NVIDIA GeForce GTX 580 1536 MB Review 332

NVIDIA GeForce GTX 580 1536 MB Review

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Value and Conclusion

  • NVIDIA's GeForce GTX 580 comes at an MSRP of $499.
  • Substantial performance improvement over GTX 480
  • Large reduction in power consumption vs. GTX 480
  • Quieter than other cards in this performance class
  • Native HDMI output
  • Software voltage control
  • Support for DirectX 11
  • Support for CUDA / PhysX
  • Still not as power efficient as AMD's designs
  • Power draw limiter could complicate advanced overclocking
  • Still limited to two active display outputs per card
  • High price
  • DirectX 11 relevance limited at this time
NVIDIA's new GeForce GTX 580 feels to deliver what I would have expected from the original GTX 480. The card is blazing fast, especially in newer DX11 titles it often beats AMD's dual-GPU flagship Radeon HD 5970. This performance upgrade helps NVIDIA solidify its leading position in single GPU performance. Another major area that NVIDIA has worked on is power consumption which is over 20% advanced compared to the GTX 480, but there is still about 30% to go to lock horns with AMD's latest HD 6800 Series. NVIDIA has also improved the fan noise of their card, making it the quietest card in 3D load when compared to other high-end cards in this performance segment. However, this does not mean that the card is whisper-quiet or anywhere near it, the card is still well audible but it doesn't sound anymore like "warp core breach imminent" when heavily loaded.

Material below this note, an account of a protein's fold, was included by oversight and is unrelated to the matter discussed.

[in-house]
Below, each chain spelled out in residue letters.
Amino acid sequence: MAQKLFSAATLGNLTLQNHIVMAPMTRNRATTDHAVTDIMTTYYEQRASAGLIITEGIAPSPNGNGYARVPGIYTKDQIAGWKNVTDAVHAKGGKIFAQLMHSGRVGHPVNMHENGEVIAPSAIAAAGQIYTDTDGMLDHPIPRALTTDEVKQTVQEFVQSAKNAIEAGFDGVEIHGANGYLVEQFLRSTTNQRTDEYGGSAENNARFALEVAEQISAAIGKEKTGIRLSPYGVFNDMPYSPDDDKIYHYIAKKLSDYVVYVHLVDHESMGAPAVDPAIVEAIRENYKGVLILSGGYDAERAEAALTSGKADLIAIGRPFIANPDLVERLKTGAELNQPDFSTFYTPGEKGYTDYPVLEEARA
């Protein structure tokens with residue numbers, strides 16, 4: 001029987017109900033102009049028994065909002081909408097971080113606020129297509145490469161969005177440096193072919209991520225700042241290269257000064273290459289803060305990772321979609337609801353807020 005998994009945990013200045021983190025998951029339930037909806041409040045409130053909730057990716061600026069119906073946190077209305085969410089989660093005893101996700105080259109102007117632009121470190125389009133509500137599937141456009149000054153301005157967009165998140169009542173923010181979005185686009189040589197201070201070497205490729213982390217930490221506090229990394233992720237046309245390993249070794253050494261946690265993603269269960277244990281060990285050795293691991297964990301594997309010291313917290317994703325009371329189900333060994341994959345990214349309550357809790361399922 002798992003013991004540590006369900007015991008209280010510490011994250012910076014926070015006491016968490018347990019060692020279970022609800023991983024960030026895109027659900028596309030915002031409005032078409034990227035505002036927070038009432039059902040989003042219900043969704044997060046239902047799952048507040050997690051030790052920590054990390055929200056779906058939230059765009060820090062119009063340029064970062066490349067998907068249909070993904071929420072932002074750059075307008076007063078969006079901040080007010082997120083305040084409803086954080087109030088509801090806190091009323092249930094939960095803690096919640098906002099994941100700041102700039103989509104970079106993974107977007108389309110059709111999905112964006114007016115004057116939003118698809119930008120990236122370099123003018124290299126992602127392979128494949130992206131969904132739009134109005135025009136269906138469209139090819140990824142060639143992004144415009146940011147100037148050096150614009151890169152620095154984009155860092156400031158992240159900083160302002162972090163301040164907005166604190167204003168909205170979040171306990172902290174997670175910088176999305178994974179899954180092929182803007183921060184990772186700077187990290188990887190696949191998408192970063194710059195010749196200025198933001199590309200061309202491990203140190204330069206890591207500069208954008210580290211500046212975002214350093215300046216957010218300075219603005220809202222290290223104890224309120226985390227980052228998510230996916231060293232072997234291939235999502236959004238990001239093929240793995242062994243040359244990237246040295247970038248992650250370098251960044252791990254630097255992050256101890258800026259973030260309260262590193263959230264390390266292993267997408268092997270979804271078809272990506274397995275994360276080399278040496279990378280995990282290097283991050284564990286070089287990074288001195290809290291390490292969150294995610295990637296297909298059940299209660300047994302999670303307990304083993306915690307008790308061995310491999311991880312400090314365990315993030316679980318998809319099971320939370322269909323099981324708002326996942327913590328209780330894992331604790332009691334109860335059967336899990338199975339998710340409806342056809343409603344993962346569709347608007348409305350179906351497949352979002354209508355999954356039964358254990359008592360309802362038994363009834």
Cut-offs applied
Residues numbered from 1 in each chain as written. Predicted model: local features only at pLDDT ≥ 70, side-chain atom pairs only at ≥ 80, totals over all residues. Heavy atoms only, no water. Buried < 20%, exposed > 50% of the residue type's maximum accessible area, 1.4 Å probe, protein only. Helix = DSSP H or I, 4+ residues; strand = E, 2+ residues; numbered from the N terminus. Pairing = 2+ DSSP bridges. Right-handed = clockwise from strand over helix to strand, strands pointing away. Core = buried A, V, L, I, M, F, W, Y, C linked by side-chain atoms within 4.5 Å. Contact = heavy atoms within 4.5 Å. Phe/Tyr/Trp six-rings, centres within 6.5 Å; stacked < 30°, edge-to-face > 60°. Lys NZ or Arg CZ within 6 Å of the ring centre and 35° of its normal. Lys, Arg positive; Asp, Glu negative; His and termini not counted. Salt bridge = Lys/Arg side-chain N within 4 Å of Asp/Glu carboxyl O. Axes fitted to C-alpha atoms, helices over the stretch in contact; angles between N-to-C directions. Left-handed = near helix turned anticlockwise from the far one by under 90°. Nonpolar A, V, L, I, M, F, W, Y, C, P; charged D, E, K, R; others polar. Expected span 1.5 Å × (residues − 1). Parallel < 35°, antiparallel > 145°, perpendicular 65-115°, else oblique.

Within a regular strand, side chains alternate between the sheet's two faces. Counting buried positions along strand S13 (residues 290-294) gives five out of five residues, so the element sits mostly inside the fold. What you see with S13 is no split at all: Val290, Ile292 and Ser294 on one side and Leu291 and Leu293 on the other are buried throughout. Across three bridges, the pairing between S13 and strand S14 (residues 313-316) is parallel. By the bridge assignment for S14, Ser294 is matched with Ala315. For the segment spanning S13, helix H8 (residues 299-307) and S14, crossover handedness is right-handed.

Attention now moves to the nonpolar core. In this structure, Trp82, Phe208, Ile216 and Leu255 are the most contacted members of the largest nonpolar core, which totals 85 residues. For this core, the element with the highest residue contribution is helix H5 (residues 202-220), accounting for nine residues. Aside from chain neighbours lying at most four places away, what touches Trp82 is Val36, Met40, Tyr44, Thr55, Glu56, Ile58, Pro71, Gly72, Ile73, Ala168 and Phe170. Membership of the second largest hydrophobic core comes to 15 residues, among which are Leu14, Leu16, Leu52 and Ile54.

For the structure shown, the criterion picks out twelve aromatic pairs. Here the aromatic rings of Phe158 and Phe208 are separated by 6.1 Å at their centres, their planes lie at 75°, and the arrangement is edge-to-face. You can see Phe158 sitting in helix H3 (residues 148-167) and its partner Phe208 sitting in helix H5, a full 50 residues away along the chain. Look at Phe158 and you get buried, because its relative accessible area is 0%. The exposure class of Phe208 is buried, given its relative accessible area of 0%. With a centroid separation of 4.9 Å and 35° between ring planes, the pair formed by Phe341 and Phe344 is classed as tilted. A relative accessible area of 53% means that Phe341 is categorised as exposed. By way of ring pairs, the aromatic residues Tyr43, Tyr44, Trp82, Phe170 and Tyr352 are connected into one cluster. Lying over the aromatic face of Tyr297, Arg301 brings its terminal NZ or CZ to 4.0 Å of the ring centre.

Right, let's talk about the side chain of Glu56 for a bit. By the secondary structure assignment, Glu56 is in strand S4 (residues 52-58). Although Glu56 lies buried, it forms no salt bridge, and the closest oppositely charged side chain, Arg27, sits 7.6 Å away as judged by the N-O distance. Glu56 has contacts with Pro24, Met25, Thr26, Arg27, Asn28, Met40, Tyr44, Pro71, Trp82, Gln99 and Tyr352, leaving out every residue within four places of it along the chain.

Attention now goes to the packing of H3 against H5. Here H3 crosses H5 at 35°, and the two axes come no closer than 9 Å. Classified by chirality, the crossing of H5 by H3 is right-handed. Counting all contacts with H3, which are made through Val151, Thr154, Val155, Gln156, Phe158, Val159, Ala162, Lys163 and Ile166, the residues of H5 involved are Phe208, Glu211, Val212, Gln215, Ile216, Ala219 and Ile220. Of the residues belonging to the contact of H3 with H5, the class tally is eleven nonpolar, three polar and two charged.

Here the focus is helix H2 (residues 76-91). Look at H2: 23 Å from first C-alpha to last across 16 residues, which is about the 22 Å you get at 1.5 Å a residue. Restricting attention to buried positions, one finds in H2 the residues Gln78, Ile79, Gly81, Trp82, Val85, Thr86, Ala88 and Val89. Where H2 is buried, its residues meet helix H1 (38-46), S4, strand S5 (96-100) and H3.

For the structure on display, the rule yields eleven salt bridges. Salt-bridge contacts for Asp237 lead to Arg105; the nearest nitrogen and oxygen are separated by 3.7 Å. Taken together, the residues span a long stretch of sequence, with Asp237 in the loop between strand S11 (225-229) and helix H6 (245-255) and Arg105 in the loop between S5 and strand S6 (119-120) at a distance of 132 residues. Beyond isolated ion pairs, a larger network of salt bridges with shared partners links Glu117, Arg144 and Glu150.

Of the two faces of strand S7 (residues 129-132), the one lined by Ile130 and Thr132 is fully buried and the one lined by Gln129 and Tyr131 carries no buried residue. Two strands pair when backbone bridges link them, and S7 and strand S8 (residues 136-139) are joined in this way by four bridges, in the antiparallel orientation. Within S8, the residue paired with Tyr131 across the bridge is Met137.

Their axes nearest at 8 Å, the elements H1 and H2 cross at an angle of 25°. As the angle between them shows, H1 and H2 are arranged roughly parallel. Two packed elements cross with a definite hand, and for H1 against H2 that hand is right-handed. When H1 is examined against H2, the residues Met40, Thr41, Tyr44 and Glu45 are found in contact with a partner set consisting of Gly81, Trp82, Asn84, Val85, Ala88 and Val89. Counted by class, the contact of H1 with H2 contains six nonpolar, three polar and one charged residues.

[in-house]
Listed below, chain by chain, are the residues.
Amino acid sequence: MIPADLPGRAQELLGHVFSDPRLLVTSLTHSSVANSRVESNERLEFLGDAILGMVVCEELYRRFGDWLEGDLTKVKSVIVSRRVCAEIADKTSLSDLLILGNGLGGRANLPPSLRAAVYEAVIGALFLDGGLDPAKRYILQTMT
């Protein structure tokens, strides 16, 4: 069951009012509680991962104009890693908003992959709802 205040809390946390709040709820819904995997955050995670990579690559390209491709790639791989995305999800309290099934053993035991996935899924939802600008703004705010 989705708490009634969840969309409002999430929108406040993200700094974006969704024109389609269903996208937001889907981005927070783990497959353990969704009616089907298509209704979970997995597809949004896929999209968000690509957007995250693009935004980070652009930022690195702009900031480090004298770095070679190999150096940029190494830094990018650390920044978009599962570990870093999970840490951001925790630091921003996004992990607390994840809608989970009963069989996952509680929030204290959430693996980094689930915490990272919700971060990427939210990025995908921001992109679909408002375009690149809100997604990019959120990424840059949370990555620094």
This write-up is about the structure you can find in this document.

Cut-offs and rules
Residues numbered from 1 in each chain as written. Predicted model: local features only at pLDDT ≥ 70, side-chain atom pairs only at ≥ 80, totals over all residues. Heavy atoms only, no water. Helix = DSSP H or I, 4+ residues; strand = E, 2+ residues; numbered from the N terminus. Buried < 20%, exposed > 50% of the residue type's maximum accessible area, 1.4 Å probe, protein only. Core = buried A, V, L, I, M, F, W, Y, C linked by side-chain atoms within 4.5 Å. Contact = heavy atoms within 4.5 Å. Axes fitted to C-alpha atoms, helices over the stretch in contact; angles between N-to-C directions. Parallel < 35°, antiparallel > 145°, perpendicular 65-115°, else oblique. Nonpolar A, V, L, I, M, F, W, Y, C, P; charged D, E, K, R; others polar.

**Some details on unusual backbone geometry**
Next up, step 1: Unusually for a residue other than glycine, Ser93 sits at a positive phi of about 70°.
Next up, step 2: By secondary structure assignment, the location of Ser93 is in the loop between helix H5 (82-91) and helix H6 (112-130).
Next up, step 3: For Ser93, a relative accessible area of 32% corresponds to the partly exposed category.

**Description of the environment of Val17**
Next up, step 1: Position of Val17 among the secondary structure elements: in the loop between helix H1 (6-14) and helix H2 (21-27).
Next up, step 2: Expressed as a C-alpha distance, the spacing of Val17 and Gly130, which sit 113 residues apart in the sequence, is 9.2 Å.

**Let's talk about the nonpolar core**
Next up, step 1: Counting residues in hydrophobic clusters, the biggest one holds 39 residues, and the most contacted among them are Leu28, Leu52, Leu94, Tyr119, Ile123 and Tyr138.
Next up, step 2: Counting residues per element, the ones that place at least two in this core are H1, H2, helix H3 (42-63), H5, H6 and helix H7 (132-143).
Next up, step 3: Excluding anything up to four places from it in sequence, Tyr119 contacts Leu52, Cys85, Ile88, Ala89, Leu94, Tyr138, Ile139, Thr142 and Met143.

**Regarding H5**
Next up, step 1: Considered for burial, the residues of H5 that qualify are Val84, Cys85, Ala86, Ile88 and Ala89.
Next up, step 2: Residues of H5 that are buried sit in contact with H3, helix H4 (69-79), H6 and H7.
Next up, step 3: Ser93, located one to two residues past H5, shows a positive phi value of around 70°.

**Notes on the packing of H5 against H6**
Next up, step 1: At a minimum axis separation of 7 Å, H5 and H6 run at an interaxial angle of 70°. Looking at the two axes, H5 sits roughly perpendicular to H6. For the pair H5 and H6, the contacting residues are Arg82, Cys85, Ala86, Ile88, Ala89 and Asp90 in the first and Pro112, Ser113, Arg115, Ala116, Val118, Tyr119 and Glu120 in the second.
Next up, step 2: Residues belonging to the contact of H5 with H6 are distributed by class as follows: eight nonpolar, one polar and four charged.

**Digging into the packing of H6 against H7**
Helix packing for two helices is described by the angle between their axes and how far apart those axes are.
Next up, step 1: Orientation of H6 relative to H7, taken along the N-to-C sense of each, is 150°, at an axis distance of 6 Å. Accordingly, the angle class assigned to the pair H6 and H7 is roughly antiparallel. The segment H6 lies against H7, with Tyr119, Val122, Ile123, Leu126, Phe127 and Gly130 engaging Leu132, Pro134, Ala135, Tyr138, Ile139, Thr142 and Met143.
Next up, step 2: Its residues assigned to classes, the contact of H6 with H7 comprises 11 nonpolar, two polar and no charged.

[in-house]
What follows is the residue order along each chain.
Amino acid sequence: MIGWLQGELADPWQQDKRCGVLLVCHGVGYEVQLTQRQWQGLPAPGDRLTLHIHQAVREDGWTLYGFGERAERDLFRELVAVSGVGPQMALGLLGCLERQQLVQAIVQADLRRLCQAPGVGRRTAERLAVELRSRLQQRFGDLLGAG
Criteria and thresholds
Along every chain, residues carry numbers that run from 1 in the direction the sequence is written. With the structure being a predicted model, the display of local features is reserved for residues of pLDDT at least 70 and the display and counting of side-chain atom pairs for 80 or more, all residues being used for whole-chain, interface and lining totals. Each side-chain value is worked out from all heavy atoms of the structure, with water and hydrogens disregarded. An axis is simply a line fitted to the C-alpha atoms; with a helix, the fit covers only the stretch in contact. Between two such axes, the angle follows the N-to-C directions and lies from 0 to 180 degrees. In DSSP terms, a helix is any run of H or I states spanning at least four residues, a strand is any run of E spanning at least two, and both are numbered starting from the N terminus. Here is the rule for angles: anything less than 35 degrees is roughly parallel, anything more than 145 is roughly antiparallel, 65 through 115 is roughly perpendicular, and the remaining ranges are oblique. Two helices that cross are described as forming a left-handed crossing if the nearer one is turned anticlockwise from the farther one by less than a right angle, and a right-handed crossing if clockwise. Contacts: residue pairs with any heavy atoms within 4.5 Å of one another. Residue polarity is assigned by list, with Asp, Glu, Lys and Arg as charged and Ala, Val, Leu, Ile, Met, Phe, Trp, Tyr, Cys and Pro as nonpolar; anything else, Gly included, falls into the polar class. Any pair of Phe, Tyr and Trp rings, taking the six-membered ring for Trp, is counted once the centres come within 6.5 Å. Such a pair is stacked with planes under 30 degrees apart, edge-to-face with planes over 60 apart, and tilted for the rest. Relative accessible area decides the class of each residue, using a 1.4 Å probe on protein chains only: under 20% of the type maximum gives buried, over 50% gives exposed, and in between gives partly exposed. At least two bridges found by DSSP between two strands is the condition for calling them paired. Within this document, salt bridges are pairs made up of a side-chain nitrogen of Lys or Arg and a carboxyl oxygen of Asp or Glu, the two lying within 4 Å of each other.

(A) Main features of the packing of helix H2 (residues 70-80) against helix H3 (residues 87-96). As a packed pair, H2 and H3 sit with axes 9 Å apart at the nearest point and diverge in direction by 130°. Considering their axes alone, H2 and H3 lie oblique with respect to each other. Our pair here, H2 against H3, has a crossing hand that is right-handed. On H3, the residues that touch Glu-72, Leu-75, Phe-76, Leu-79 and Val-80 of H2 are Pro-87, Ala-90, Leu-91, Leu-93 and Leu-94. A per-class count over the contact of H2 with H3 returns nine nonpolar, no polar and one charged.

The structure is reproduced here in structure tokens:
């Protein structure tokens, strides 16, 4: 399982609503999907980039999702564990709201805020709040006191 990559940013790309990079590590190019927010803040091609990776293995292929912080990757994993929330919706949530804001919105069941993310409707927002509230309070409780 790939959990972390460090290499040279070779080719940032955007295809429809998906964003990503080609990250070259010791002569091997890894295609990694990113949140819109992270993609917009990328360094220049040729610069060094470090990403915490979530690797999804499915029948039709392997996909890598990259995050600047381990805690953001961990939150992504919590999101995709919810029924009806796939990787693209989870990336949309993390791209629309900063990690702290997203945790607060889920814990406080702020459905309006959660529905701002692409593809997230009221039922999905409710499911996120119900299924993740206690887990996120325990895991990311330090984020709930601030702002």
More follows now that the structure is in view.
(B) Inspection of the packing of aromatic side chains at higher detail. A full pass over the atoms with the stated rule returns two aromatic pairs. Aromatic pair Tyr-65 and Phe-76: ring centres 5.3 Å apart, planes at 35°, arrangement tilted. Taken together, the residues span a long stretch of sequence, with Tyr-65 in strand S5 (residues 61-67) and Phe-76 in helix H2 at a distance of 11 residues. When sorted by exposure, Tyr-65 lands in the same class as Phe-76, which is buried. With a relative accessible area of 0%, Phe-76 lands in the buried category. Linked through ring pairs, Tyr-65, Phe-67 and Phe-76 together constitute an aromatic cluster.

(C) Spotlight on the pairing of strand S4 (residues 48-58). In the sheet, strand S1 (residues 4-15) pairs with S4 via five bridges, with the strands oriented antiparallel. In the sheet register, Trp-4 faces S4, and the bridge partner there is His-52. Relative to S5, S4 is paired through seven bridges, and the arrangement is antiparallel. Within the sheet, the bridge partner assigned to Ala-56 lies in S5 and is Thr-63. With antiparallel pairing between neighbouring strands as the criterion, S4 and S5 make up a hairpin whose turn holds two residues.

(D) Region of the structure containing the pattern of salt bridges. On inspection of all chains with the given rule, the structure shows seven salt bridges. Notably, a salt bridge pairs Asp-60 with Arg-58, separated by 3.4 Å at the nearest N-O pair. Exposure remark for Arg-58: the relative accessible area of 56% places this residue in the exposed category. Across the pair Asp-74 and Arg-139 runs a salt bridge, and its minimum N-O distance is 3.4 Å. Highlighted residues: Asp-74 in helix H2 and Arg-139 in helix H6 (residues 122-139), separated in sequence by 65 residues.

A feature that will certainly be discussed at length in forums is the new power draw limiting system. When the card senses it is overloaded by either Furmark or OCCT, the card will reduce clocks to keep power consumption within the board power limit of 300 W. Such a system seems justified to avoid damage to motherboard and VGA card and allows NVIDIA to design their product robustness with real loads in mind. NVIDIA stresses that this system is designed not to limit overclocking or voltage tuning and that they will continue making improvements to it. Right now I also see reviewers affected because many rely on Furmark for testing temperatures, noise, power and other things which will make the review production process a bit more complex too. For the every day gamer the power draw limiter will not have any effect on performance.
In terms of pricing, NVIDIA is going with a $499 price point which is quite steep and essentially $450 for GTX 480 upscaled to GTX 580 performance levels. At this time the biggest unknown variable for potential customers is what AMD releases in the near future. If their high-end cards can not beat the GTX 580 in pricing and performance then NVIDIA has turned around the DirectX 11 boat and regained most lost ground against AMD.

Our review of two GeForce GTX 580 cards in multi-GPU SLI configuration can be found here.
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